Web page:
The ordination of gay rabbis and the sanctioning of same-sex marriageGood.
within Conservative Judaism is near certain, according to movement leaders who
spoke at a meeting in New York on Thursday night.
Organized by the movement’s congregational arm, the United
Synagogue of Conservative Judaism, the gathering offered a preview of the
halachic opinions on homosexuality that are likely to be approved at a December
meeting of the movement’s Committee on Jewish Law and Standards. The purpose of the Thursday gathering, said the United Synagogue’s executive vice president,
Rabbi Jerome Epstein, was to help congregations begin to prepare for the “day
after” the rulings are handed down.
In December, the law committee “might accept — will accept, I think
— two or more of the papers [currently under consideration]: one that affirms
the current state of affairs, and one, at least, that liberalizes it,” Epstein
told the audience. The movement has room enough for congregations differing in
their treatment of homosexuality, he said, adding that, even if the movement
adopts a more liberal position, individual communities will have final say over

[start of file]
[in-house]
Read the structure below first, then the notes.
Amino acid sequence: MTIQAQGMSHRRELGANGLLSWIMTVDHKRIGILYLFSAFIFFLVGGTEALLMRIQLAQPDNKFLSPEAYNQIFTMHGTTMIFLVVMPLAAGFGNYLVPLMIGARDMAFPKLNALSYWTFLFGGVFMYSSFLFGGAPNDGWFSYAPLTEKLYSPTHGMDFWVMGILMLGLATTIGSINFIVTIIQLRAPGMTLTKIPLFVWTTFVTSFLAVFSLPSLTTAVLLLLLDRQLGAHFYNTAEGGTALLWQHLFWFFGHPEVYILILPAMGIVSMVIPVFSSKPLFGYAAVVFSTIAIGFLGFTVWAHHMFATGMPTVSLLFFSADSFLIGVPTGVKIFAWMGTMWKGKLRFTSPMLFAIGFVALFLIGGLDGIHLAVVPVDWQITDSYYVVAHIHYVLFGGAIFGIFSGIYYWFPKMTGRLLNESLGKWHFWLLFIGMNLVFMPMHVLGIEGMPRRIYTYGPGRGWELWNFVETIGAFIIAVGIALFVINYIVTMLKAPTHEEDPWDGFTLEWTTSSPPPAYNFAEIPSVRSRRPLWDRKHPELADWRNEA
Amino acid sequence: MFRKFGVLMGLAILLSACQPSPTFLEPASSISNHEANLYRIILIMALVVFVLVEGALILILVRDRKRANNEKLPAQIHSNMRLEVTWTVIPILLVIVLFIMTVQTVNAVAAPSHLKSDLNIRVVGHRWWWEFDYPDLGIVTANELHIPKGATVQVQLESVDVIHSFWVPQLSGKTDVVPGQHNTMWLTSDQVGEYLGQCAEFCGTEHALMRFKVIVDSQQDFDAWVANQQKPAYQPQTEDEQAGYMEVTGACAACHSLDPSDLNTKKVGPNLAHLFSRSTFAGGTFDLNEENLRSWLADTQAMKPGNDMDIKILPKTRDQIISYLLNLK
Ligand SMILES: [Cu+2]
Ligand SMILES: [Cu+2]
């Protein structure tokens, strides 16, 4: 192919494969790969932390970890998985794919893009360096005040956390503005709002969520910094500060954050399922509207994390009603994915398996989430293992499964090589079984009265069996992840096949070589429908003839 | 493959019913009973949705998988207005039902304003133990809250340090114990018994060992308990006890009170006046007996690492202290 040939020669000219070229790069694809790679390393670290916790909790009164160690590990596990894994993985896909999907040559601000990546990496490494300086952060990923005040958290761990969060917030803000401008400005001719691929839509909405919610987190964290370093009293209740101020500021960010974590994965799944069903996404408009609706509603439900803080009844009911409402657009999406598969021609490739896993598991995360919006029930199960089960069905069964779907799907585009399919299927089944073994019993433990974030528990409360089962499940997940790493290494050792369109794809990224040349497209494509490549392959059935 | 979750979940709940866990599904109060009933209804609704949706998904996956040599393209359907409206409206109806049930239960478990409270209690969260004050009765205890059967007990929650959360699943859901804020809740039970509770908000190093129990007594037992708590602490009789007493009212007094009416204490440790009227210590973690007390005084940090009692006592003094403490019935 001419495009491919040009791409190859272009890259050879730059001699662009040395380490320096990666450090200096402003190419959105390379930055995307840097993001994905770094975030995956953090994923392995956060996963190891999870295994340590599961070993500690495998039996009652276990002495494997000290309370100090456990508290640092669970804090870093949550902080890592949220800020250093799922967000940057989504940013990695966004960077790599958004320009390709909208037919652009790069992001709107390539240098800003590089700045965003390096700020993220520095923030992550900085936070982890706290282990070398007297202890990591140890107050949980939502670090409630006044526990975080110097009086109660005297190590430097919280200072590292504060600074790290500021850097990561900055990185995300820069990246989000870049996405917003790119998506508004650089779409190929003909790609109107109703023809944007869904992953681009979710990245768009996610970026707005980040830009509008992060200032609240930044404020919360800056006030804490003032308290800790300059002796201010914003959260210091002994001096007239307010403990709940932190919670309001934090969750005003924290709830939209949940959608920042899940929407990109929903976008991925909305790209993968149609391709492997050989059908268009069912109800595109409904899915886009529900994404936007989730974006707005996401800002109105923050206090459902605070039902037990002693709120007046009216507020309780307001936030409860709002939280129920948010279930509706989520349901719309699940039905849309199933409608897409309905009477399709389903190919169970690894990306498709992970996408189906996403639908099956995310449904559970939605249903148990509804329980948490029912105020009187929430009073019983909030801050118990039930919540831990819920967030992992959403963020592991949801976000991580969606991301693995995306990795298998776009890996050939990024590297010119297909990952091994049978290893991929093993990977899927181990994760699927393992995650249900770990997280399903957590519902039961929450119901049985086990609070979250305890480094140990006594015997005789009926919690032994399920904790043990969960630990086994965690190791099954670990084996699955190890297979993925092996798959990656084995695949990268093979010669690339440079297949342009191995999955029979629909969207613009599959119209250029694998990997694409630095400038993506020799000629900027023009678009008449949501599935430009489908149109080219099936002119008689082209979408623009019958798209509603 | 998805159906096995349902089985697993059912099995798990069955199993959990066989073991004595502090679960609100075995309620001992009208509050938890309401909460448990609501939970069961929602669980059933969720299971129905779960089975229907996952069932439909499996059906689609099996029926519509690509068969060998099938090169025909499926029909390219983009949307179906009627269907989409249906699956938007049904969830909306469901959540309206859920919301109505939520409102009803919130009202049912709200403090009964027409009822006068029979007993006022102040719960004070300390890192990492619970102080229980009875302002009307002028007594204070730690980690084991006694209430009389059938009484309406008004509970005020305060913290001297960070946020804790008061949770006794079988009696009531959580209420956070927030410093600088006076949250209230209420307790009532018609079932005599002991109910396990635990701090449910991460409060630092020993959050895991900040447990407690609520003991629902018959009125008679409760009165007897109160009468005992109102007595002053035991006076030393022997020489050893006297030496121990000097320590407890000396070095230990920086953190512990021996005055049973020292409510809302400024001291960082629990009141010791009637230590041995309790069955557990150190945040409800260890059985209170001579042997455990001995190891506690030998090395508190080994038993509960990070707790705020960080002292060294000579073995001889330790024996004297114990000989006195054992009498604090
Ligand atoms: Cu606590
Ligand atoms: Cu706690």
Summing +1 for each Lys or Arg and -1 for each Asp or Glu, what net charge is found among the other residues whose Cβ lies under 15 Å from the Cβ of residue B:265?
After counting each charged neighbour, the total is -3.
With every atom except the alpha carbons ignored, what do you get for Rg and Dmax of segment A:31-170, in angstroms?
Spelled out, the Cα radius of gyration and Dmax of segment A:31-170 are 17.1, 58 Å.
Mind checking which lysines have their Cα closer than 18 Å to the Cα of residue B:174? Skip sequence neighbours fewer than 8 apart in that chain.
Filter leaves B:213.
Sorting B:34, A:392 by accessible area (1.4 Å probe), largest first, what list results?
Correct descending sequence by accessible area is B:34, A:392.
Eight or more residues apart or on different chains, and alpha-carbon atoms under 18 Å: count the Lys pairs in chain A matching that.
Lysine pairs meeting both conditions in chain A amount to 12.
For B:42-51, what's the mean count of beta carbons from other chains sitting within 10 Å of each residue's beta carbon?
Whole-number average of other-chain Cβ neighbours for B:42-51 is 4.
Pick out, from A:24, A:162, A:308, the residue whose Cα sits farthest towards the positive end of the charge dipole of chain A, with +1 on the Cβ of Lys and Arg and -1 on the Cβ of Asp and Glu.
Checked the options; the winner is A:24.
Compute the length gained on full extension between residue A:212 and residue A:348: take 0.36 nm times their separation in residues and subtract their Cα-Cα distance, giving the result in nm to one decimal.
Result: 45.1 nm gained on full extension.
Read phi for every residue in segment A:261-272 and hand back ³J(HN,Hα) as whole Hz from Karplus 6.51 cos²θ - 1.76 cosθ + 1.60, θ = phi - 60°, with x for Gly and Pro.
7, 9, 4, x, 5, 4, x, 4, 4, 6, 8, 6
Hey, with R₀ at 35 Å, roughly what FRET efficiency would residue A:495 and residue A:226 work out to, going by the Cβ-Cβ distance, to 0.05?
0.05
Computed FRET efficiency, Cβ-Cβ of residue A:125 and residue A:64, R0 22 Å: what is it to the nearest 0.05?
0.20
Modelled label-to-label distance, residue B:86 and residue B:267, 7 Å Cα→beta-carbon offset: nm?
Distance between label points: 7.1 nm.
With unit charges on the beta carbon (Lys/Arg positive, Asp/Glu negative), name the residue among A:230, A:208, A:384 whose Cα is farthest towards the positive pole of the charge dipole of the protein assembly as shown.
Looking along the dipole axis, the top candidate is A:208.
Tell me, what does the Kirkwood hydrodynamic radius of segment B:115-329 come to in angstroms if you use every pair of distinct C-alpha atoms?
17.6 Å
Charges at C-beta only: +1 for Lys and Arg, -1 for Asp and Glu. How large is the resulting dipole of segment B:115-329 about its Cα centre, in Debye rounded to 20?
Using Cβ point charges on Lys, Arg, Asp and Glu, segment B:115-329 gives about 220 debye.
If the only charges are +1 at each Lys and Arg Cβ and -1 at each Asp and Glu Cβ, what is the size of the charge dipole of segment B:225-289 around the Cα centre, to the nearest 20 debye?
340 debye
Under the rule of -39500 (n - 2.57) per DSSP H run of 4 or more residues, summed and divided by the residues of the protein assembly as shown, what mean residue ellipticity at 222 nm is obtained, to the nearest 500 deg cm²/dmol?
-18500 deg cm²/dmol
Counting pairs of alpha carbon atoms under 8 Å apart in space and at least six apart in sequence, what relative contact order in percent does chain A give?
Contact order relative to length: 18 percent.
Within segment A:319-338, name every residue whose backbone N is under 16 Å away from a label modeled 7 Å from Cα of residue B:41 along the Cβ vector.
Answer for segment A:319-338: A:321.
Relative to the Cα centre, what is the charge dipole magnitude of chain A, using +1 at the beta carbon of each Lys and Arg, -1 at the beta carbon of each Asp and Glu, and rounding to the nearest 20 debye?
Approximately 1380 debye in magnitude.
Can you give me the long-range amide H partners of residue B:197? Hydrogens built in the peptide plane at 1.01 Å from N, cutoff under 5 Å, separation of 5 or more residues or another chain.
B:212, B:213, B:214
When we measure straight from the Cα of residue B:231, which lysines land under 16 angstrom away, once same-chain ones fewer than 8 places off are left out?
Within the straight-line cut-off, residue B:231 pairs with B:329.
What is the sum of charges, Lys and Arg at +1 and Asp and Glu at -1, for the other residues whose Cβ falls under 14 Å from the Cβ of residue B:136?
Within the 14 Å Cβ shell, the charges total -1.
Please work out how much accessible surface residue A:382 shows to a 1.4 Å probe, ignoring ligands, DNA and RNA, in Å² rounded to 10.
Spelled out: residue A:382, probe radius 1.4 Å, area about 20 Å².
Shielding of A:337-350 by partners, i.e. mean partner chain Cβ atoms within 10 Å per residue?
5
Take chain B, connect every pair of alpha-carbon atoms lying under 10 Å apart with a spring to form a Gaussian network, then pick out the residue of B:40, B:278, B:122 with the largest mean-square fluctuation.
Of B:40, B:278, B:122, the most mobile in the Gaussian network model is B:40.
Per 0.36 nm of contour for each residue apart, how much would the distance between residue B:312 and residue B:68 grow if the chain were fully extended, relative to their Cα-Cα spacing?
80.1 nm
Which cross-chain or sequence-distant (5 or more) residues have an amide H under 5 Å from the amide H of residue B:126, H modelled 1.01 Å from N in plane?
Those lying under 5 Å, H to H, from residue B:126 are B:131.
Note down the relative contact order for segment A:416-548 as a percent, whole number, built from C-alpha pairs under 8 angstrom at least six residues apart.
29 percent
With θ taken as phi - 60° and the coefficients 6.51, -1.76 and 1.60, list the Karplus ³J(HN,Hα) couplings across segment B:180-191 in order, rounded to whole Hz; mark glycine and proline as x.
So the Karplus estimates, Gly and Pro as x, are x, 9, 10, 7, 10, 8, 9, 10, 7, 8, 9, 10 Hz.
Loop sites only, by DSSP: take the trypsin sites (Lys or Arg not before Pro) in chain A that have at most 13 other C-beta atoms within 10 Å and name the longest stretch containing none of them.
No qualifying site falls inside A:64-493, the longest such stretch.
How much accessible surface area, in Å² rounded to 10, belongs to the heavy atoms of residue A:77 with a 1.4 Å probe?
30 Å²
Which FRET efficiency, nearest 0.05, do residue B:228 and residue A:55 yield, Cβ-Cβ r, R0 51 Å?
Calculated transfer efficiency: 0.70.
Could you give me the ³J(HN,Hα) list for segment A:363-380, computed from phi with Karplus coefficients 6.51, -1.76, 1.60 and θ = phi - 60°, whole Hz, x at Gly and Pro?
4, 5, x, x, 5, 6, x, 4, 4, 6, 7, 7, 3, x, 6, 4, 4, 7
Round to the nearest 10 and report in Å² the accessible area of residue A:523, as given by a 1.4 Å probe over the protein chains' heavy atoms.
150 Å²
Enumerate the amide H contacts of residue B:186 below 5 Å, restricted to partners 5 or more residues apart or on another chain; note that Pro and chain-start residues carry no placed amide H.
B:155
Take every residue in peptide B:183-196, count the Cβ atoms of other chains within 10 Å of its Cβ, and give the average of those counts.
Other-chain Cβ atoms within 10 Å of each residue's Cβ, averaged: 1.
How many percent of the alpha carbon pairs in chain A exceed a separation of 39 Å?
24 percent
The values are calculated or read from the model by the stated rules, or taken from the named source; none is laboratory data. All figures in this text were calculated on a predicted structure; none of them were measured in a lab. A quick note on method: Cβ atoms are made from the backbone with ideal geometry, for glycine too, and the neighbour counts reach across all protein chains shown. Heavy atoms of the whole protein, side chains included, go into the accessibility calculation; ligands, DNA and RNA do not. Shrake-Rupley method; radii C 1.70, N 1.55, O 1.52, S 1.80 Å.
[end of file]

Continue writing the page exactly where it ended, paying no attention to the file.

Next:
what course to pursue.
For several years, the law committee has been actively reconsidering its 1992 consensus statement on homosexuality, which upheld a ban on gay marriage and ordination. This past March, four opinions — two on each side of the issue — were submitted to the committee for review, and the final vote was scheduled for December.
Wednesday, August 30, 2006
Conservative Judaism likely to soon approve ordination of gay rabbis and same-sex marriage
Conservative Judaism is likely to sanction ordination of gay rabbis and same-sex marriage. The proposals would overturn the movement’s 1992 statement upholding the ban on ordination and gay marriage. According to the Forward,